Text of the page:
As a church, I think we need to do better thansay we welcome but do not affirm - and leaving it open to confusion. Onthe surface, it appears well-thought-out, as a direct response to theissue of marriage that departs from the biblical ideal (man and woman). Ithink the common person sees right through it, however, when they beginengaging with someone whose life is affected. Sure, it fits withbiblical sensibilities, but it isn't the fullest measure of the love ofChrist, which is a love that trusts that the Holy Spirit works best whenI get out of the way; when I focus on how loveable the other persontruly is, in the sight of God; when I worship God by how devotedly Ilove others. Others argue that truth is part of love, that tough love ispart of love, and I can only agree. But there is also much more to lovethan that.

When I place myself in the situation of the person whohas lived their whole life wondering if they'll ever be 'worthy' oflove outside their minority group I'm saddened. I begin to think of thiskind of person who, like me, is made in the image of God. The personwhose life hangs by the thread of acceptance, only to be severed by thescissors of rejection the moment they have the authenticity and courage(or audacity, if I feel threatened) to be honest. The person in direneed of Christ, Whose love is the only saving love they'll ever know.The person God has put in my midst to love, when I may struggle tomuster such compassion, even though that's my job (as an allegiant one)to issue compassion to 'the least of these'. This is not easy. I'm on ajourney to somewhere better - for them, for me, for God.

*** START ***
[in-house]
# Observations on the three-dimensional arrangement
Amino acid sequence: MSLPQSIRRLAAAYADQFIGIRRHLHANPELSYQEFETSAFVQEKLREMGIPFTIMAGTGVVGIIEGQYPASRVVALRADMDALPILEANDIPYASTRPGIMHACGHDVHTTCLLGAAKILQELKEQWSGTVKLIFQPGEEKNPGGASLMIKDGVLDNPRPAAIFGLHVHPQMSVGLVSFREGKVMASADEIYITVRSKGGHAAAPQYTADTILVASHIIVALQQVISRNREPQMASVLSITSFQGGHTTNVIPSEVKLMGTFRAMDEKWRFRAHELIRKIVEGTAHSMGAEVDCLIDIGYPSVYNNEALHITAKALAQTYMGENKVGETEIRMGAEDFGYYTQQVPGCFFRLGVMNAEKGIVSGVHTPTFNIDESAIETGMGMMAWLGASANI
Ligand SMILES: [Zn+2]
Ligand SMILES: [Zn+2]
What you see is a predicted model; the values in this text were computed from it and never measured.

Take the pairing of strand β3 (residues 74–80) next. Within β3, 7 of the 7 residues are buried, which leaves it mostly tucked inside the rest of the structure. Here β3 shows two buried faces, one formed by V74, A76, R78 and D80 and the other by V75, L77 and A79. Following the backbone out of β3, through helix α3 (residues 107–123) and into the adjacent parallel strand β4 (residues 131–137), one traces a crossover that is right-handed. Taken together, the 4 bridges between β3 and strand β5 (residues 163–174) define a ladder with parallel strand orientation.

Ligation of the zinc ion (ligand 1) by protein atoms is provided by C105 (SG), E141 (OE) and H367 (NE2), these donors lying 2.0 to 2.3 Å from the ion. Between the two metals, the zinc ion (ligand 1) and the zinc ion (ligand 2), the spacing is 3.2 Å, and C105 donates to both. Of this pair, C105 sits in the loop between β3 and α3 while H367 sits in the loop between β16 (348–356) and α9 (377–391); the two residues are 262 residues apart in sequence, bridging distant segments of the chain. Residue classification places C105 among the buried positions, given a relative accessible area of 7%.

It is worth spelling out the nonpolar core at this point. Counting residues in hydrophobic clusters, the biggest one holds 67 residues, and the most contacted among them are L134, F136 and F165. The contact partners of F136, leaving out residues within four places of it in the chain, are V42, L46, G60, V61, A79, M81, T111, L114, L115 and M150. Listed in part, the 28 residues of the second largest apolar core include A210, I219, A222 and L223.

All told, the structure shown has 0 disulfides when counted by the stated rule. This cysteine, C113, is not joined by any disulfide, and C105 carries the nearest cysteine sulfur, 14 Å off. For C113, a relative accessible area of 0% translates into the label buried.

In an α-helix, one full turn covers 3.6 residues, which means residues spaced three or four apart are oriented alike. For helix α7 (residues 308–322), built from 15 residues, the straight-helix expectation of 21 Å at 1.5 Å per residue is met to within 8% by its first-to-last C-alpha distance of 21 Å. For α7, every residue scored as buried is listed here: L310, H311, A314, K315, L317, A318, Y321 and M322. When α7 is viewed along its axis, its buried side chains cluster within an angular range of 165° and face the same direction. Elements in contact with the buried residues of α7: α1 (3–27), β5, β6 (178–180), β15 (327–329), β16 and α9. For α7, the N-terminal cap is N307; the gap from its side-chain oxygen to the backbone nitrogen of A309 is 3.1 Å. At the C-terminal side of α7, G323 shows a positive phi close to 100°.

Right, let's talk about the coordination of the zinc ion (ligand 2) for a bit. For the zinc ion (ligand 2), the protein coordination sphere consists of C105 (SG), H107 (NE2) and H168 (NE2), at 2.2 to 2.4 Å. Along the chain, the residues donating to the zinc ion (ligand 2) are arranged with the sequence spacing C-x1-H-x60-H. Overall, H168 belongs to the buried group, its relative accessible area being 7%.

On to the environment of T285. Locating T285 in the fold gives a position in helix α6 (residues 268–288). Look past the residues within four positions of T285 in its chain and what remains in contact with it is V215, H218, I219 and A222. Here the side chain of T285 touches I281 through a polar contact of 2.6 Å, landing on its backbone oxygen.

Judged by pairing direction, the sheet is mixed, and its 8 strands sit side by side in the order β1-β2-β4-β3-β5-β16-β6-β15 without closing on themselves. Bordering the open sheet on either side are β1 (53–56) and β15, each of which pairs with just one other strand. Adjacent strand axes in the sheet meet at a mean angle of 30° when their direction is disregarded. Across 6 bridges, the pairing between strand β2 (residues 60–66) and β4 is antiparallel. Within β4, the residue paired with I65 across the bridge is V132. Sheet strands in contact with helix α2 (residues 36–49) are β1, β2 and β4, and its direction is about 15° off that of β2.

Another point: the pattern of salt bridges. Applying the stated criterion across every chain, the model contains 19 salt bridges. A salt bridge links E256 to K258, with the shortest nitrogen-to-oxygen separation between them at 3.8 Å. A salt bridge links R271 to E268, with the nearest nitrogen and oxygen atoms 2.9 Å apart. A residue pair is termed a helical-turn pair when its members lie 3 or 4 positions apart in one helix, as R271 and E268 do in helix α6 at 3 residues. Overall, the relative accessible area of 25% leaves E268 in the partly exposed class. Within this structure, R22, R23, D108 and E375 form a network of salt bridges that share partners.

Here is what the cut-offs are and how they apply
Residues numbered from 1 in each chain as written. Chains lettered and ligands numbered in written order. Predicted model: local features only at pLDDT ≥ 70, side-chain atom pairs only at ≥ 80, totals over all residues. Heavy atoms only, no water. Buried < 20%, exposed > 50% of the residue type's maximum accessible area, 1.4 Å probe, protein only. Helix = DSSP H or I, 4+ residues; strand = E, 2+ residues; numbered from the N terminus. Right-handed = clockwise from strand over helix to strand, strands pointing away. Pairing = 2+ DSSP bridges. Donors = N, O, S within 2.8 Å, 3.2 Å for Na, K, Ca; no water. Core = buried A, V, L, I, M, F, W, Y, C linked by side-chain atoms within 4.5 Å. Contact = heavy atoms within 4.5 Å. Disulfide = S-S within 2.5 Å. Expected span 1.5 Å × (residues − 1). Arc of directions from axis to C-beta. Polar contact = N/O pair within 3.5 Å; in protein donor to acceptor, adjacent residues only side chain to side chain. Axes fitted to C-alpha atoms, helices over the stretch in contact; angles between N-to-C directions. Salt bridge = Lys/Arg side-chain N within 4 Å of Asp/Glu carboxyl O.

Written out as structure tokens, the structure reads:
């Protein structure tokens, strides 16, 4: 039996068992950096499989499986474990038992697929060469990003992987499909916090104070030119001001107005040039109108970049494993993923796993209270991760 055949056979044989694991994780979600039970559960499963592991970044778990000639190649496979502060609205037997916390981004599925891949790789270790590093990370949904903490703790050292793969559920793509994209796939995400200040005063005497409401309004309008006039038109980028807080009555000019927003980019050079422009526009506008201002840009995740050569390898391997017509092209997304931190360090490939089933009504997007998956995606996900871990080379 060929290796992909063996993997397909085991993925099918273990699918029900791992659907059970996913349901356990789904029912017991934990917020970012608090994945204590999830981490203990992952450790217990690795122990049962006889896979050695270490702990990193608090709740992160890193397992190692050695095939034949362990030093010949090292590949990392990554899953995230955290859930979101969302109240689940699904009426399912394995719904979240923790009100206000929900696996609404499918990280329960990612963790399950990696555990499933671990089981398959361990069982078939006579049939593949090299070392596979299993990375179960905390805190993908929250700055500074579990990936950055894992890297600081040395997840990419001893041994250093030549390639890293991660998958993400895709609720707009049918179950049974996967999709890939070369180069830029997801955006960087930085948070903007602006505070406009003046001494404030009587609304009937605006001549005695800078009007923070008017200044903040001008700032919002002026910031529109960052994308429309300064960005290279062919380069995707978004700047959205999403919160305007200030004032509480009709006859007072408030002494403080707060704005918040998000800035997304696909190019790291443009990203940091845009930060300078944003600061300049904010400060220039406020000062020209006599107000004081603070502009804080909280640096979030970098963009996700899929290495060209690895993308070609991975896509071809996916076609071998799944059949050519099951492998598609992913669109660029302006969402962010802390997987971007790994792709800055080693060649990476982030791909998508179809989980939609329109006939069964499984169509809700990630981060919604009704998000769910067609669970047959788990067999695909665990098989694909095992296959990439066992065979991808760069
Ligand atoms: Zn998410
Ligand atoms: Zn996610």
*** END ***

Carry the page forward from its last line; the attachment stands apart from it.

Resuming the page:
Whatabout the son or daughter, the husband or wife, the father or mother,the brother or sister who has wrestled with their reality for years, ifnot decades, and in some cases their entire lifetime. Would I quietlycast them off - out of the family or community or friendship circle? Or,as with so many, do they begin to challenge my perceptions? IsGod working within my repentance (for I can only do my own)? Thetheodicy is that they wrestle, like those with chronic pain or a griefthat never ends, for how many of them would not otherwise choose to be'normal'? (This is not said as a slight on anyone who identifies as onewithin the broad LGBTQI grouping.)

That's my question of myself...how must it feel to be welcomed but not affirmed? I think I have somevague idea, because I've experienced somewhat the unbiblical exclusivityof church, but nothing like the person who feels estranged not justfrom church but from much of society as well. What such a person - everyperson - needs, is the church. The church should be the sanctuary ofpeace for all persons. A place where all persons, no matter theirparticular brokenness, can be discipled with grace.

As an allegiant, surely it beckons me most to love without condition.

As an allegiant, could it be that God is asking me to ponder what it might feel like to be a bearer of His image andsomeone of LGBTQI orientation? I think so. That my care might rise tothe worthiness of love. That no matter the nuance of my theology thatI'd be affirming of an LGBTQI person, as they are, and in that way, beaccepting of them.

I find being Christian in this age of same-sexmarriage, and the linking of LGBTQI issues, akin to walking a tightrope.What I need most is balance.

Jesus, please give me the balance of wisdom to love the marginalised well. Amen.

About The Author

Steve Wickham holds Degrees in Science, Divinity, and Counselling. Steve writes at: http://epitemnein-epitomic.blogspot.com.au/ and http://tribework.blogspot.com.au/